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"It" ain't great horror, but it's still a good movie

On Life

Ruminations and provocations.

"It" ain't great horror, but it's still a good movie

Stephen H. Provost

“It” ain’t scary – at least, it didn’t scare me. But that doesn’t mean it was a bad movie. Funny thing about this one: It worked better as a drama than it did as a horror movie.

Full disclosure: I think it’s pretty hard to do good horror. Most movies I’ve seen in this genre end up drowning in clichés, cheap gotcha scenes/jump scares and an excess of blood. “It” had all of these things at various points, and it was then that it lost my interest.

On the other hand, it held my attention when it focused on the drama behind the horror – how the kids of the town reacted to it emotionally, how they bonded and how it helped reveal and forge their character.

“It” works best as an allegory. The central message, as I saw it, was inspiring: A group of supposed misfits may be better equipped than two-dimensional heroes to do battle with great evil, because they’ve already experienced great evil/adversity. Of course, this theme is nothing new; it’s been explored in everything from the X-Men to the Rocky series. But it’s done very well here.

 Stephen King

Stephen King

The main characters are outcasts, reviled and bullied by peers and mistreated/abused by their parents. Ben (Jeremy Ray Taylor) is the overweight kid who tries to hide the fact he listens to New Kids on the Block; at one point, he’s physically – and brutally – attacked by the town bully. Bill (Jaeden Lieberher) talks with a stutter and feels responsible for the death of his brother. Beverly (Sophia Lillis) has been abused by her father and unfairly branded as “loose” by the mean girls on campus; she finds refuge hanging out with Ben, Bill and their friends.

The true horror in this film is provided by the bullies, Beverly’s father and some of the other adults, all of whom are pretty two-dimensional but work well as a means of developing the younger characters. This is where the film really succeeds. You get to know Bill, Beverly, Ben and their friends, and you get to feel some of what they feel. Few films manage this, and “It” deserves major props for pulling it off.

Bill Skarsgård does a good job of acting psychotic as the villain, Pennywise the Dancing Clown, but the film never truly belongs to him. Instead of the villain stealing the show from the hero, as Heath Ledger and Jack Nicholson did as The Joker in “Batman” films, the heroes steal “It” from the villain. This is not a knock on Skarsgård, but rather recognition of how well the young characters were written and acted.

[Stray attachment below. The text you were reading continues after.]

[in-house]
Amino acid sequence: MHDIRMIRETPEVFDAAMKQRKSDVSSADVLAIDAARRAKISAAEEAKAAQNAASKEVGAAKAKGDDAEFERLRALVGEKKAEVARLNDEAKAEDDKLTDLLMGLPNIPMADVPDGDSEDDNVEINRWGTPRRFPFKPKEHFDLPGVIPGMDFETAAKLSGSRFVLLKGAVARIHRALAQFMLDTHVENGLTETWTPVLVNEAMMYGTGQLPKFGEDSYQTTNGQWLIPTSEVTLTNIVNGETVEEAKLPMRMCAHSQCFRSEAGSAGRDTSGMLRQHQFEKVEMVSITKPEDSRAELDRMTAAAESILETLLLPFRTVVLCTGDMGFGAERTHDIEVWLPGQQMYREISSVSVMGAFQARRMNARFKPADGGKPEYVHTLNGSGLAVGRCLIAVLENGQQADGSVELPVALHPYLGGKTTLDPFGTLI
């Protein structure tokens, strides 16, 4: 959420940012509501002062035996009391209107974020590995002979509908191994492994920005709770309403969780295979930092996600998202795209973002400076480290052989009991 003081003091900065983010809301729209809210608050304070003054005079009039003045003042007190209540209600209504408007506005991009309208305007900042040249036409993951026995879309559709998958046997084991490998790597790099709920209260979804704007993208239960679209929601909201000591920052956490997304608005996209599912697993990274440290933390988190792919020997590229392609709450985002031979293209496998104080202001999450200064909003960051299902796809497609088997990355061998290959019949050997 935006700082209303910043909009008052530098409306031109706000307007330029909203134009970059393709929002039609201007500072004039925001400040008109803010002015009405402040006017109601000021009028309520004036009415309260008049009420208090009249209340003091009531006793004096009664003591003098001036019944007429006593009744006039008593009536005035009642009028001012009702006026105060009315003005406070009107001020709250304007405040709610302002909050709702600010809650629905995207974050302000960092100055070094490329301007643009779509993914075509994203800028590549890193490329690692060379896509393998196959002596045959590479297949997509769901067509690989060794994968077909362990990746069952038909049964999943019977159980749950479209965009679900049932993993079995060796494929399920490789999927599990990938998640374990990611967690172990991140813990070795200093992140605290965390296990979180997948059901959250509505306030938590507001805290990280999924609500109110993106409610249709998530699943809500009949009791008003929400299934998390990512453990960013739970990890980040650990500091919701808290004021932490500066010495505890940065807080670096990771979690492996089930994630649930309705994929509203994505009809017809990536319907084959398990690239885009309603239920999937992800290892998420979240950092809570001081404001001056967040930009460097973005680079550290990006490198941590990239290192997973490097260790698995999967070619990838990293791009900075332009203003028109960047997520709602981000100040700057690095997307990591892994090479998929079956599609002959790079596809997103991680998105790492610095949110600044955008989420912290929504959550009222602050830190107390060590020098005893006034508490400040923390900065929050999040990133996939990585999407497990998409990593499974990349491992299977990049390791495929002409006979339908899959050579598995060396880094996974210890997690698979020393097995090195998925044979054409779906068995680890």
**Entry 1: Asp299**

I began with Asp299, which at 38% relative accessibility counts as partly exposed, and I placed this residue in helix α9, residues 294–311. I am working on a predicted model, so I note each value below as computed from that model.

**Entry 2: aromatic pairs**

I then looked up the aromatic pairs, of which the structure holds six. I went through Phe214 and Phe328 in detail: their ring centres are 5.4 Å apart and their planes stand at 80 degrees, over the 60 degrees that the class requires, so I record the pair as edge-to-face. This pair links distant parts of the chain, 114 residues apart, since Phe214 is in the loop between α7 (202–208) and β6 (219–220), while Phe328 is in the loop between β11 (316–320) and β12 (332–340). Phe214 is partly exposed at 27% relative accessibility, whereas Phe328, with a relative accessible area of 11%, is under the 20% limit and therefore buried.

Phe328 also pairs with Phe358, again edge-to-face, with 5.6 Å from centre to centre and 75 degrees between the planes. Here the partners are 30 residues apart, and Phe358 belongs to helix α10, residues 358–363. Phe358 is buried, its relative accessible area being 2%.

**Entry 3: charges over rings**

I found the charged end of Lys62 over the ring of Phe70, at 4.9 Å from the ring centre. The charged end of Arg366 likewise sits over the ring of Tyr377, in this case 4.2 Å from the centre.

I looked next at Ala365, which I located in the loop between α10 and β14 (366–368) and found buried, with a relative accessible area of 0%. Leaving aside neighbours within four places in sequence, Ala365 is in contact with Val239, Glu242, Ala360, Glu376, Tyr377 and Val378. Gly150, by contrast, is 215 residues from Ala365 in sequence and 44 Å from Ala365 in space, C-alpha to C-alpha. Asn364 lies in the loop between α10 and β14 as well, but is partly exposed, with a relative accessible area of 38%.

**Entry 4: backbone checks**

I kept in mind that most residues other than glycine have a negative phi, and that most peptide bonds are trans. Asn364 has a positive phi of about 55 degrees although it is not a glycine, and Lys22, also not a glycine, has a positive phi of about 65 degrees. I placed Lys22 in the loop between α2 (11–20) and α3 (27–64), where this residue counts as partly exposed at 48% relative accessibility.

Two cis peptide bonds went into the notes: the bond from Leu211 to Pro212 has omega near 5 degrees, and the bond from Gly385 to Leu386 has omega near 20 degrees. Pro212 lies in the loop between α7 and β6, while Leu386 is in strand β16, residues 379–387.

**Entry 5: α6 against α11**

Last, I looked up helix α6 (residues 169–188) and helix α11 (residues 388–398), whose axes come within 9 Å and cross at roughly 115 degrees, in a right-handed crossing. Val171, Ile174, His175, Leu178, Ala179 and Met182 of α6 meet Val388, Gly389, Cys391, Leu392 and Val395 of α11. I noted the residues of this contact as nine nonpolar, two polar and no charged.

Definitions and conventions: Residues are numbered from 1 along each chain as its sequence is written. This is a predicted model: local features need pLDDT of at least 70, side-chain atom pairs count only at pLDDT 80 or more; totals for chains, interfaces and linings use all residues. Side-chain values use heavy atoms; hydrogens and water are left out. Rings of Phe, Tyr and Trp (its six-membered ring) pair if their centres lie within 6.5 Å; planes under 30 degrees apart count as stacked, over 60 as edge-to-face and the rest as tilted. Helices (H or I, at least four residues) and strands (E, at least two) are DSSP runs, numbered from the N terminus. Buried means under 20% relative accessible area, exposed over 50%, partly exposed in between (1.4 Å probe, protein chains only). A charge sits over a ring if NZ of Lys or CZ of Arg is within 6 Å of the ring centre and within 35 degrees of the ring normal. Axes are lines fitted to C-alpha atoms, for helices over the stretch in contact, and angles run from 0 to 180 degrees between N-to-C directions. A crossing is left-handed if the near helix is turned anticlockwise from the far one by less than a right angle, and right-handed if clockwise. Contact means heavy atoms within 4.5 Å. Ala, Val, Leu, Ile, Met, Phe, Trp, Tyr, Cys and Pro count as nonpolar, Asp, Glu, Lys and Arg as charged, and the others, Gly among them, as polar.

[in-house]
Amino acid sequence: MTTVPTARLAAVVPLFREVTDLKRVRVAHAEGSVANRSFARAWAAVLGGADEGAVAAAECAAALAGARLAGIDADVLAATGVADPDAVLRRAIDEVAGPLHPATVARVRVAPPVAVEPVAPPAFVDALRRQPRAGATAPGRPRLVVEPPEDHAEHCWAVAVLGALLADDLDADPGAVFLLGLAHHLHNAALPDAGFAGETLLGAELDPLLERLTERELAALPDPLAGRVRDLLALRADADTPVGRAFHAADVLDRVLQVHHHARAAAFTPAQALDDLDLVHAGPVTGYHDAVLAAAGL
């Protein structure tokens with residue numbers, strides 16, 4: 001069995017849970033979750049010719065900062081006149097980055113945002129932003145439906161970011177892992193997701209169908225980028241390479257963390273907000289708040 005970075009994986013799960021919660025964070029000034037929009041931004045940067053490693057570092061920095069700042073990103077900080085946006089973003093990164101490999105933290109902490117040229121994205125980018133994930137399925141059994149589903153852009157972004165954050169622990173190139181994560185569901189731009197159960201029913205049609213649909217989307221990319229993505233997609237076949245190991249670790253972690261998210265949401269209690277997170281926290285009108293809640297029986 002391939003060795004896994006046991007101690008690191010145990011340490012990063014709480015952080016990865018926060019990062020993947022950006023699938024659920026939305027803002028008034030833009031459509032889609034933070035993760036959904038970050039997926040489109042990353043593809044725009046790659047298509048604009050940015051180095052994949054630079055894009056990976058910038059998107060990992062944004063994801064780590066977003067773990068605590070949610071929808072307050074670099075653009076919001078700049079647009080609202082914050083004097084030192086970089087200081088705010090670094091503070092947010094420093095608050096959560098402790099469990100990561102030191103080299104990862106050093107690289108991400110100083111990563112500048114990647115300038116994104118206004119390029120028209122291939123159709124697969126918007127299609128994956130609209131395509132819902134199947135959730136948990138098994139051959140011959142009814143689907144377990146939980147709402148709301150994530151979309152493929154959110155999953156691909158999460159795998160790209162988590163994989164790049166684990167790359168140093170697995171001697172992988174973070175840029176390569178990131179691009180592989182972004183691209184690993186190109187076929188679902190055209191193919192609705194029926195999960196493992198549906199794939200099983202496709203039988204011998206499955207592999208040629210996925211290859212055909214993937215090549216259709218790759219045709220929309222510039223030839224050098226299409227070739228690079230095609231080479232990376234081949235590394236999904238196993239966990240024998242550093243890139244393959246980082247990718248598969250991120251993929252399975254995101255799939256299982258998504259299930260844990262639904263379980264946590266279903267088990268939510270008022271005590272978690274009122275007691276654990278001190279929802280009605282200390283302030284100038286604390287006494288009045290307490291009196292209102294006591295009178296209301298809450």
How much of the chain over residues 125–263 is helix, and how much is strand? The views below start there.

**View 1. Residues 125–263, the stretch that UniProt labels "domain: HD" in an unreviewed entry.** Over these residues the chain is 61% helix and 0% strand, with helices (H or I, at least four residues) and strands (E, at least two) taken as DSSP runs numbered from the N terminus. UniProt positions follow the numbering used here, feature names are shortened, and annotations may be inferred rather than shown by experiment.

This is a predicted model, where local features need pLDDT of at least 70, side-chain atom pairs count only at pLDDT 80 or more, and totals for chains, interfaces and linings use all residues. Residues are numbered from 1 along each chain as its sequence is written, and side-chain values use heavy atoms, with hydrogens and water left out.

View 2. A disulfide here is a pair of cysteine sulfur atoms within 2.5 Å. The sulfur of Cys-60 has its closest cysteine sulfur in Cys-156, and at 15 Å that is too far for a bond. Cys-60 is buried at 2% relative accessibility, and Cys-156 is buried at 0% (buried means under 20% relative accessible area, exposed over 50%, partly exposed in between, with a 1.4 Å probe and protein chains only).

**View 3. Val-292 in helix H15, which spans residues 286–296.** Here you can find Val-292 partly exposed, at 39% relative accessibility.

(I don’t generally find clowns scary, funny or interesting in general, so that element of the film didn’t connect with me.)

“It” is best at the beginning and the end, when it first develops the young characters and, later, reveals their inner strength. Each of the young actors (particularly Lillis and Taylor) does a great job. Finn Wolfhard provides some fun comic relief as Richie, and Chosen Jacobs is effective as Mike. The middle of the film, however, degenerates into a series of gotcha scenes, a supernatural bloodbath and a haunted house excursion that could have been plucked from pretty much any standard horror movie template. Yawn. There are only so many times the monster can jump out “unexpectedly” from behind the curtain before you start, well, expecting it. At such times, I found myself saying, “Get on with it, already.”

Fortunately, the movie does, and it picks up well from there.

I haven’t read the Stephen King novel on which this was based or seen the 1990 TV production with Tim Curry, so I’m reviewing this film solely on its own merits. Coming in cold, I interpreted the villain allegorically, as a personification of the townspeople’s fear, which I thought made the film even stronger; I was a little disappointed to find out that the clown is, apparently, a real being, but the film still works well based on first-rate acting and, overall, good writing.

While there’s clearly a sequel in the works, "It" stands up well on its own. (One loose end: We find out the monster appears every 27 years, but the film never explains why.)

Although I thought it didn’t really work as a horror flick, “It” more than succeeded as an examination of the human condition … which is a heck of a lot more interesting to me, anyway. I’d give it a B overall, and say it’s definitely worth seeing. Acting: A. Story: B-plus. Horror: D-plus.